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The initial responses to 9/11 engaged categorical questions about 'war', 'terrorism', and 'crime'. Now the implementation of counter-terrorism law is infused with dichotomies - typically depicted as the struggle between security and human rights but explored more exactingly in this book as traversing boundaries around the roles of lawyers, courts, and crimes; the relationships between police, military, and security agencies; and the interplay of international and national enforcement.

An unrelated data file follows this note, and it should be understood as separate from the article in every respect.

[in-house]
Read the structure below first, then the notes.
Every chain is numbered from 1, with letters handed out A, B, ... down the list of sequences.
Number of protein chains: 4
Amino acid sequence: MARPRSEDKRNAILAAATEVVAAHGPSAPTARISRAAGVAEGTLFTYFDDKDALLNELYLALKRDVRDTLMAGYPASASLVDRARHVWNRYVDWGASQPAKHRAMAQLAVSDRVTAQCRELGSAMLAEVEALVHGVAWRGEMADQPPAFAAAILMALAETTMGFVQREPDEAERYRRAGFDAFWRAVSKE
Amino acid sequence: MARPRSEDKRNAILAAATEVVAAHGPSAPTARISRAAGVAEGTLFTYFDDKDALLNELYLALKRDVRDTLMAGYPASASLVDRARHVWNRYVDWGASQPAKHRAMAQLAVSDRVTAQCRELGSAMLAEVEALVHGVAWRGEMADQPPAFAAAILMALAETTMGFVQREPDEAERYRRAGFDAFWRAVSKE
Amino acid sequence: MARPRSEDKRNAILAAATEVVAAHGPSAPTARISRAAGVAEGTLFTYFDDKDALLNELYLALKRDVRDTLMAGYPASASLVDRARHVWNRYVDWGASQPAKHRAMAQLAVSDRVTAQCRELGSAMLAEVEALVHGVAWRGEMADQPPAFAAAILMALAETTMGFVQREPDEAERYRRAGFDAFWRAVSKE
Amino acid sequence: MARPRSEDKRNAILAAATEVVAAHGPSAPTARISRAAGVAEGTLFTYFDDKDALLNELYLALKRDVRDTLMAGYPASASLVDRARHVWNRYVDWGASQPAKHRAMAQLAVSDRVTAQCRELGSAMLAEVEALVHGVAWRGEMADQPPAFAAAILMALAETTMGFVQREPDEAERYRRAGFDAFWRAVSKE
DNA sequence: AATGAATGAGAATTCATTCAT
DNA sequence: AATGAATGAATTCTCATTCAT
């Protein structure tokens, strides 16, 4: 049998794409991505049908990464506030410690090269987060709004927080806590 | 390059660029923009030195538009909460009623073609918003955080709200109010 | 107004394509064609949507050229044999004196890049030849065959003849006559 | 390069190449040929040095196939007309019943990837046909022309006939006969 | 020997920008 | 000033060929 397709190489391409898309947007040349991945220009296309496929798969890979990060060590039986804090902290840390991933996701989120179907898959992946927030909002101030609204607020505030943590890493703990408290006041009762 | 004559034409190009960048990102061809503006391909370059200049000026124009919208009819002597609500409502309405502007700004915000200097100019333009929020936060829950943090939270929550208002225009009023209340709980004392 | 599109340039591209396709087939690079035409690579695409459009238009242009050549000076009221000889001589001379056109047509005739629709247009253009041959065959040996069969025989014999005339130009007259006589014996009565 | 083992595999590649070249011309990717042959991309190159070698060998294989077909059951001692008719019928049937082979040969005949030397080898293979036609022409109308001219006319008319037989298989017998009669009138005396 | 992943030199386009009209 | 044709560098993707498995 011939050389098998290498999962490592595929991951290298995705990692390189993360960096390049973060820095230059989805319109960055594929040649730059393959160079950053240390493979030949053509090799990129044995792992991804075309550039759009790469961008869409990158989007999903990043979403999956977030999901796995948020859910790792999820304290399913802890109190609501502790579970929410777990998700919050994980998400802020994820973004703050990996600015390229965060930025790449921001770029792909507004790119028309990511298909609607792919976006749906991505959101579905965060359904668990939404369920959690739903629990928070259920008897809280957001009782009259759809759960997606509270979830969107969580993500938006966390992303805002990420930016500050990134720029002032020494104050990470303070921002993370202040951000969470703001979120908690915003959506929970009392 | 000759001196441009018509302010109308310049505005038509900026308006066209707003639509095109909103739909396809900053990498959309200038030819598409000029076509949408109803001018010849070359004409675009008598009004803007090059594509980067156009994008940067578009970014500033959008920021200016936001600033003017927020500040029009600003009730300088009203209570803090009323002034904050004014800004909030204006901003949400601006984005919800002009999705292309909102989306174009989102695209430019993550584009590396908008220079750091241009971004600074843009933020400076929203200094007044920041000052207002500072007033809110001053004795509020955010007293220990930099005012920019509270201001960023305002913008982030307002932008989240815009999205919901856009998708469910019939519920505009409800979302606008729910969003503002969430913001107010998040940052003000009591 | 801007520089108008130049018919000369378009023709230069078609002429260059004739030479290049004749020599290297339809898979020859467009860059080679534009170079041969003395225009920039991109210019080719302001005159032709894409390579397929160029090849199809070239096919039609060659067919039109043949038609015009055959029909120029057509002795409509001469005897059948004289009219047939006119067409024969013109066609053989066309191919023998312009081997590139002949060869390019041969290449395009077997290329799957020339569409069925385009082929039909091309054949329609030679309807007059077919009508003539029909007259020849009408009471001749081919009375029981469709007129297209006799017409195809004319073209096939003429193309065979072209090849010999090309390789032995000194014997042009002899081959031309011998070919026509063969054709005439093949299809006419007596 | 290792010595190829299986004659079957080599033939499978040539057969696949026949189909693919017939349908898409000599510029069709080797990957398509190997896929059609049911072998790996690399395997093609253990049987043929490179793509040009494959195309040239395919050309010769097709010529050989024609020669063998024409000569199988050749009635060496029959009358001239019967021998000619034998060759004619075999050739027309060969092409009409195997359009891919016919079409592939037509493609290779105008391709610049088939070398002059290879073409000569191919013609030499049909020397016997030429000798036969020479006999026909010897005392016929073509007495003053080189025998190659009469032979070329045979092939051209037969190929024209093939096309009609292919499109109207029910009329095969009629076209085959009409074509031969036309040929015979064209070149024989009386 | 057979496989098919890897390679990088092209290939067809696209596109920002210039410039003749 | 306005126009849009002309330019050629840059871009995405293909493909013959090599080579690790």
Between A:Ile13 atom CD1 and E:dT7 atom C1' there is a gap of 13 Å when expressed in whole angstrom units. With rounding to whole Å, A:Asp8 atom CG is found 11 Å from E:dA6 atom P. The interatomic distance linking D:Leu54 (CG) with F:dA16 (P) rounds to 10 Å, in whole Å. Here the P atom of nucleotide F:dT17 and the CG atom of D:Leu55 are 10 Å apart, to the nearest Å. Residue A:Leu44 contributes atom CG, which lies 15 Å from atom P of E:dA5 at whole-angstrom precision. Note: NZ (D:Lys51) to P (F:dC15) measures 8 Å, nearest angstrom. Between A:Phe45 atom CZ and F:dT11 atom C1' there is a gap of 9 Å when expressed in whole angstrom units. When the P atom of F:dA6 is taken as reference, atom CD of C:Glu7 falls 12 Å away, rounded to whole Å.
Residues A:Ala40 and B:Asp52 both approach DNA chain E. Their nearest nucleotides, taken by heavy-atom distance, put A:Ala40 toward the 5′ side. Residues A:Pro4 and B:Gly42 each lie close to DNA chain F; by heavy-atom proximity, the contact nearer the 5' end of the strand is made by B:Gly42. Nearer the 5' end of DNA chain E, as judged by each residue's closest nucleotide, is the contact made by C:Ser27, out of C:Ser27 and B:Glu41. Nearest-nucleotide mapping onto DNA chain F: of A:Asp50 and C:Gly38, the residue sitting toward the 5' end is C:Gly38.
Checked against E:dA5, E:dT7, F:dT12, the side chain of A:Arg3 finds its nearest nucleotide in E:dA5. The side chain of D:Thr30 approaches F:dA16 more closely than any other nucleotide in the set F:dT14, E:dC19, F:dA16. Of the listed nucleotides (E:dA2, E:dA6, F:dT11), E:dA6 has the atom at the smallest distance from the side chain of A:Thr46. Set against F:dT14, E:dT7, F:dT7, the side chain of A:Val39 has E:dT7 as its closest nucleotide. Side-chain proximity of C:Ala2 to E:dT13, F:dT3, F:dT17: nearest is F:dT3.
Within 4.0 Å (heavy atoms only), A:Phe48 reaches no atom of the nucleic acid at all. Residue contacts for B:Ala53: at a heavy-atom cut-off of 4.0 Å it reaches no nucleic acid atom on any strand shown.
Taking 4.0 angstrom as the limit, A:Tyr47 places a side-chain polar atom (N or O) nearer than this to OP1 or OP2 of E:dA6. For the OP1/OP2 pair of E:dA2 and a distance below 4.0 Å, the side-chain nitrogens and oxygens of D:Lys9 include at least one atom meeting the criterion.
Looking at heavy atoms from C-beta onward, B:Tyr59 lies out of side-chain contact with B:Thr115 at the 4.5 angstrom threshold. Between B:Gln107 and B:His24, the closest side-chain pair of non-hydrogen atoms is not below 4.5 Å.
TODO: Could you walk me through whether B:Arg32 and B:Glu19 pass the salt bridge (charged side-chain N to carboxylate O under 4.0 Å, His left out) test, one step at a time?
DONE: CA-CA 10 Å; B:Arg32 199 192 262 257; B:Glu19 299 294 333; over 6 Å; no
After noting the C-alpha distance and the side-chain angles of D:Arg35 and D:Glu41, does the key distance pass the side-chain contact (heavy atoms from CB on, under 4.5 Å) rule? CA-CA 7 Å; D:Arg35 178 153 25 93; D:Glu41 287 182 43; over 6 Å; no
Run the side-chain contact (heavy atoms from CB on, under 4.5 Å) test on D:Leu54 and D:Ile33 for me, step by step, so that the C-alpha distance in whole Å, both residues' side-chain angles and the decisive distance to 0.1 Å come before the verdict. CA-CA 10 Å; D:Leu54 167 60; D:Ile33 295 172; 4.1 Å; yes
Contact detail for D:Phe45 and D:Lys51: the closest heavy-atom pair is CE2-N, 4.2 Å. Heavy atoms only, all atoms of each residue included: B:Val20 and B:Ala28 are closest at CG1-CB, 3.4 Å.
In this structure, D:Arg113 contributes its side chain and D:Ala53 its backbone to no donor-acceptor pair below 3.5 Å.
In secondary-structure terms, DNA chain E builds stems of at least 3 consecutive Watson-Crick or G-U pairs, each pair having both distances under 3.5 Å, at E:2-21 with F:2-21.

The contributors to this book explore how developments in counter-terrorism have resulted in pressures to cross important ethical, legal and organizational boundaries. They identify new tensions and critique the often unwanted outcomes within common law, civil law, and international legal systems. This book explores counter-terrorism measures from an original and strongly comparative perspective and delivers an important resource for scholars of terrorism laws, strategies, and politics, as well as human rights and comparative lawyers.